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Bad timing

It's the last thing he needs, but Phil Hogan's just been landed with ANOTHER Irish Water scandal

The former minister had the biggest job interview of his life this week, as he bids to become Agriculture Commissioner. But the issue of Irish Water just won’t go away, it seems.

Updated 7.45pm

FORMER ENVIRONMENT MINISTER Phil Hogan is coming under fresh pressure this weekend, just days before he’s due to find out whether he’s landed the coveted Agriculture portfolio in the new European Commission.

RTÉ’s This Week programme broke a story this lunchtime contending that Hogan knew that tens of millions of Euro were to be spent on external services during the set-up of Irish Water, months before he told reporters he wasn’t aware of the precise break-down.

Irish Water CEO John Tierney said in a radio interview back in January that the new State company had had a €50 million spend on ‘consultancy fees’. The actual figure turned out to be even higher, as Irish Water executives later told an Oireachtas Committee.

The revelations were a huge controversy at the time, as you may well recall.

However, speaking to reporters on 15 January, Hogan said he wasn’t aware of the specifics of the spend on external services, noting that he “certainly knew” about the total €180 million cost of setting up the company. Asked directly if he knew how much was spent on consultants, he said ‘no’, going on to state that he didn’t micromanage Irish Water.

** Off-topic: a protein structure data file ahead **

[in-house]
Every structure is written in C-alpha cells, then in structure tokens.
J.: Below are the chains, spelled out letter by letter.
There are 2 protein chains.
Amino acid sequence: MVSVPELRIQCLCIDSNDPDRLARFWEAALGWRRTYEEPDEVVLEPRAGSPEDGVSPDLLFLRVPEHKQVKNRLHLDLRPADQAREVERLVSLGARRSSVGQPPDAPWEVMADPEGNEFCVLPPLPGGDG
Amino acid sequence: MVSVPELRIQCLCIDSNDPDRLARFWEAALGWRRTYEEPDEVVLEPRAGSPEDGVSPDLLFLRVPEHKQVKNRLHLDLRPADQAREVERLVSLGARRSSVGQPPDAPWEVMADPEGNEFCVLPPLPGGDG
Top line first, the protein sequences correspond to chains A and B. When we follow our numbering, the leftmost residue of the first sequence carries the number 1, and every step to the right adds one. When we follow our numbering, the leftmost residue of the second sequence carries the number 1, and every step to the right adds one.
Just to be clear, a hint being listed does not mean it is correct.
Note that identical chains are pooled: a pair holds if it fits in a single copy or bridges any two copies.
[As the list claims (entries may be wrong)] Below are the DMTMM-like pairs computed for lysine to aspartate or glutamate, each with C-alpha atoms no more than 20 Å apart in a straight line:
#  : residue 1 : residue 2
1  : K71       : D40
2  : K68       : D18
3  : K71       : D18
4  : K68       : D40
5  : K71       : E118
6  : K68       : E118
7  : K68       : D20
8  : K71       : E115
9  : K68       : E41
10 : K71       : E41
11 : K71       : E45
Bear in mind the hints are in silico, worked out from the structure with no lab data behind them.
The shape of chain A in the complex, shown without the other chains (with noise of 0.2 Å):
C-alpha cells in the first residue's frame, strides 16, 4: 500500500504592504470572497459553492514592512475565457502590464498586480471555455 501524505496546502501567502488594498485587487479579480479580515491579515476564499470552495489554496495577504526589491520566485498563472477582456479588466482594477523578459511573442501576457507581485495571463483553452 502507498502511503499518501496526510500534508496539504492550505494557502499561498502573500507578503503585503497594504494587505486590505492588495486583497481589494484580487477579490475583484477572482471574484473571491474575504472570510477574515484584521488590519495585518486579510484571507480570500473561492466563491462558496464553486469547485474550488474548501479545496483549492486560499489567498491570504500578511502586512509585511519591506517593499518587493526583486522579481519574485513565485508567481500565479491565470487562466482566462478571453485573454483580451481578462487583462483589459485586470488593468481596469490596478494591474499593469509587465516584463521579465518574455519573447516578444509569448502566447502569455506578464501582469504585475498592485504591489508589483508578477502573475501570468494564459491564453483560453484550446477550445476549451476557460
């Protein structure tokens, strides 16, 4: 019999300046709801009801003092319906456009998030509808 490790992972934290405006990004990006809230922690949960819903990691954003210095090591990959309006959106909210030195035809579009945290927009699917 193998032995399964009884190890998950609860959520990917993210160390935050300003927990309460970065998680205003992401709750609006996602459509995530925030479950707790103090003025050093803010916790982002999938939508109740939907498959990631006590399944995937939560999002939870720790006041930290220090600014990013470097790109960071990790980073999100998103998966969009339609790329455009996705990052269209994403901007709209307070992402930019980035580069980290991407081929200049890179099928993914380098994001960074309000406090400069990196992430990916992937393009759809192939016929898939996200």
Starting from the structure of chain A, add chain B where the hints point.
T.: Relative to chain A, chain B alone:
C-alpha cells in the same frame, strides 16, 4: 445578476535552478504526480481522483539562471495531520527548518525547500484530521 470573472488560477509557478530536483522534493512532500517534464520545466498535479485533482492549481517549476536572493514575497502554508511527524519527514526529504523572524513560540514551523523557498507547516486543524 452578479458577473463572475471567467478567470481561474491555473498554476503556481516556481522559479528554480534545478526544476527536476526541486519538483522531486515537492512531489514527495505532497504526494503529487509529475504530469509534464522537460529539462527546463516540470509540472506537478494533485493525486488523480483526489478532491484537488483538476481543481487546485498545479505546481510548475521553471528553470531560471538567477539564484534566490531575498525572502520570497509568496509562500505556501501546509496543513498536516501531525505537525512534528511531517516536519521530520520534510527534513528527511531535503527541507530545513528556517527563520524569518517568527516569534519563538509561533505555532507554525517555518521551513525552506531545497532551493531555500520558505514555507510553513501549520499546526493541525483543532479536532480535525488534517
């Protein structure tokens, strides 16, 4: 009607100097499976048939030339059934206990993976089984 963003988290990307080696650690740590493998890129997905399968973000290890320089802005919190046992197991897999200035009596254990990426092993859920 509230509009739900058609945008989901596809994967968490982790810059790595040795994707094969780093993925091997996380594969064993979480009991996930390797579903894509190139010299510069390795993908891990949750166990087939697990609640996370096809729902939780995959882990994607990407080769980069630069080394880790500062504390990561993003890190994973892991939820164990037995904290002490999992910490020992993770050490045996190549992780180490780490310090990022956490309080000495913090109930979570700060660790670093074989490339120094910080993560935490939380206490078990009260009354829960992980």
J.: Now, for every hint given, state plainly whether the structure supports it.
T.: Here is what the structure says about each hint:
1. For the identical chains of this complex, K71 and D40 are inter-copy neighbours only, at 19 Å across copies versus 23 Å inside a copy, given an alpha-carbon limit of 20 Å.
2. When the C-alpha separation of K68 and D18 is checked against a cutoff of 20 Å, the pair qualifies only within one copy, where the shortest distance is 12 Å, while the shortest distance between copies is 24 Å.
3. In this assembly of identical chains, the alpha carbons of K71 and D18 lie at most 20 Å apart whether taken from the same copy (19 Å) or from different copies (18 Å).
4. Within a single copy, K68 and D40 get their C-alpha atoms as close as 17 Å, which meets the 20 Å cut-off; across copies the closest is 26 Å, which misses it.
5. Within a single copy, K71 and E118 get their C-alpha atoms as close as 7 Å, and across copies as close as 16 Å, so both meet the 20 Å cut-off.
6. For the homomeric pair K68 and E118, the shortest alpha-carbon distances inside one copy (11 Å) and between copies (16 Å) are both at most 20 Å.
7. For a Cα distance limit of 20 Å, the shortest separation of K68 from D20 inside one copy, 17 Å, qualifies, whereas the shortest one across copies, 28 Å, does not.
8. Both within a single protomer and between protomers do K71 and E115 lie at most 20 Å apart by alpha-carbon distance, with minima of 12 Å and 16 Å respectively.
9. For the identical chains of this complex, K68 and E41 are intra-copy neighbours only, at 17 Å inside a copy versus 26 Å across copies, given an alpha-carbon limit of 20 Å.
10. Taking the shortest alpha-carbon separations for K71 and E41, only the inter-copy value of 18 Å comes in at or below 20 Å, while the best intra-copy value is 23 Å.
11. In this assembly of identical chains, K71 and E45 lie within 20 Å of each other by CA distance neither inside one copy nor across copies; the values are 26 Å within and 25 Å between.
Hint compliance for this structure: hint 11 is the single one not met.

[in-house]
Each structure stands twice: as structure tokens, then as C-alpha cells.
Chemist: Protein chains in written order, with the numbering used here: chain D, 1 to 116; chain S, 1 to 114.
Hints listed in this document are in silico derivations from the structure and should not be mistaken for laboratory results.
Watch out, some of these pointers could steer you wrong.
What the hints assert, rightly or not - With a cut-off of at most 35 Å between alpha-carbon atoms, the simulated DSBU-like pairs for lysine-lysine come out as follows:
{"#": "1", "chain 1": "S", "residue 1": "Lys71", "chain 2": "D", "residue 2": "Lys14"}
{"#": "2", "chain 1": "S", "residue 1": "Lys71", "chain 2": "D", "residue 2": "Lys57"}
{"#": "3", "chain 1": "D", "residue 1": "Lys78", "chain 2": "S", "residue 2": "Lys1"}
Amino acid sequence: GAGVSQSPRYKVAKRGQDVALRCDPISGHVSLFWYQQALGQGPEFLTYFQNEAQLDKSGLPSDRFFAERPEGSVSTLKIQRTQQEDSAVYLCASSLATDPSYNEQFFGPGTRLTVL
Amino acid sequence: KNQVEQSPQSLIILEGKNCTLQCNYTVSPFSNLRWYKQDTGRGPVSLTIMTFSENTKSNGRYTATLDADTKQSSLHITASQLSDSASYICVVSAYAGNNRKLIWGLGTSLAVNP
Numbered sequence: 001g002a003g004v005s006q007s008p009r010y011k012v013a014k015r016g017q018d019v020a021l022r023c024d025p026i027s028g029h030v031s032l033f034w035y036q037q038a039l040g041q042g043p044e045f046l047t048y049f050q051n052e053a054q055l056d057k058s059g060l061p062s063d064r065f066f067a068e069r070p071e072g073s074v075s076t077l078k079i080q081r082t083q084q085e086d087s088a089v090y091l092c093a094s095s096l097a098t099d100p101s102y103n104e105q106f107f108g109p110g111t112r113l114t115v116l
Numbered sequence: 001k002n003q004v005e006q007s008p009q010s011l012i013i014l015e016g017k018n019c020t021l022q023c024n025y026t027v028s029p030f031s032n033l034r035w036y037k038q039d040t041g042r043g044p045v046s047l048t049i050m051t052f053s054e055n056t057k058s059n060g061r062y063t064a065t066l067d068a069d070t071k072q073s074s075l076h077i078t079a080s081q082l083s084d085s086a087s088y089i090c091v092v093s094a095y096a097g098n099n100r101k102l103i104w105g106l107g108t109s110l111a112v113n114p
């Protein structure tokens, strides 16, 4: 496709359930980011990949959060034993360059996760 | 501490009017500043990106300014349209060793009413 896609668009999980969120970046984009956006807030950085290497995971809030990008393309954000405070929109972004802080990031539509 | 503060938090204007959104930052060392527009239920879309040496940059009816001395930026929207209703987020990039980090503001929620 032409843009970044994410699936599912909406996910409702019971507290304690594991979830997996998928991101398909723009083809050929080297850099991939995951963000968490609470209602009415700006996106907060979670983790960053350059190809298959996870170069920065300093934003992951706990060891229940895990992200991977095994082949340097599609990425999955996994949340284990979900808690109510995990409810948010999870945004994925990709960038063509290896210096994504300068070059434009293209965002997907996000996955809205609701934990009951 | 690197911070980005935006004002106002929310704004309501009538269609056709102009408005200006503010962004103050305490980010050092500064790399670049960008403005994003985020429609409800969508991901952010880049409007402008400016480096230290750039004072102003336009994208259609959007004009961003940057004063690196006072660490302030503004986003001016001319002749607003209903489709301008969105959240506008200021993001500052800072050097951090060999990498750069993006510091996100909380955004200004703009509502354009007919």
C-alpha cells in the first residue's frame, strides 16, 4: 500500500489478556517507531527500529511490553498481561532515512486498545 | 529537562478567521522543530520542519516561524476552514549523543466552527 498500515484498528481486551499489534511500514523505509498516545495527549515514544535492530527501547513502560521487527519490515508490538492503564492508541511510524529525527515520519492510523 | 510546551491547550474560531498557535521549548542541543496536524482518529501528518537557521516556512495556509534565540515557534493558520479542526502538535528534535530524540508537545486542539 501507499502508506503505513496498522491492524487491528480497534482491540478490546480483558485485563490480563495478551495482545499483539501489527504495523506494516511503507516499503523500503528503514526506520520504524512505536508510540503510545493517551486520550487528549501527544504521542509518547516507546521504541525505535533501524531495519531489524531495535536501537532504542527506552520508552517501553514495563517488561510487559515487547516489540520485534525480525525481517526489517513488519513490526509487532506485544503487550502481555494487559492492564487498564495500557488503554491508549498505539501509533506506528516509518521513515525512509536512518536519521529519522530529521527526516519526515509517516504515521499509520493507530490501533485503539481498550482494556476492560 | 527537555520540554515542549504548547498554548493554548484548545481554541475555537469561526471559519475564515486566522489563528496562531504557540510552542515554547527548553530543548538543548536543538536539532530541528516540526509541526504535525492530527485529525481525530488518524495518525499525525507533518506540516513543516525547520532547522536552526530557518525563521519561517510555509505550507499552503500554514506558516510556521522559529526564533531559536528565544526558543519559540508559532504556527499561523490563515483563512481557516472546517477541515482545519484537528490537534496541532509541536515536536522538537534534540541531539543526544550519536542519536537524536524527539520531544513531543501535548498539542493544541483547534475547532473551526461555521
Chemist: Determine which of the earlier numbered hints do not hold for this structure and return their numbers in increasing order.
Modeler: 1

According to journalist John Burke’s report for the RTÉ programme today, Hogan signed-off on an internal Department document, detailing the break-down of what was to be spent on services like IT, customer billing, and economic advice, three months before the controversy flared up.

The document was signed by the Minister on 22 October last. (As Burke notes in his report, the word ‘consultancy’ didn’t appear on the document — but, as Irish Water executives said back in January, it had always been understood between the body and the Government that outside consultants would be required to establish the new utility company).

The internal document included provision for €32 million spending on IT, €12 million on Customer Billing and Registration, €13 million on economic advice and €8 million on support services.

“You can’t make an omelette without breaking eggs,” Hogan said in the 15 January doorstep interview, when asked if the controversy was a PR disaster.

A statement from a Government spokesperson read on This Week effectively echoed the sentiment, if not the language, expressed by Hogan, saying that “initial costs in establishing a utility are inevitable and necessary”.


Fianna Fáil leader Micheál Martin said Phil Hogan had effectively been “caught out” by Burke’s report, and called for the former Minister to make a “comprehensive statement” on the issue.

We now know from this document which was signed three months before the controversy broke up, that he had seen and approved of the establishment costs, including the consultancy costs of Irish Water.

Incoming European Commission President Jean Claude Juncker has been meeting with all 27 commissioners designate in the past week, and is due to make an announcement on who gets which job next Tuesday.

Ireland has been lobbying for the Agriculture portfolio, and Hogan is still considered a strong contender for the role.

First published 3.30pm

Read: Government knew of outside consultants procured at Irish Water almost a year ago

Read: Irish Water will spend nearly €86 million on consultants, contractors and legal advice

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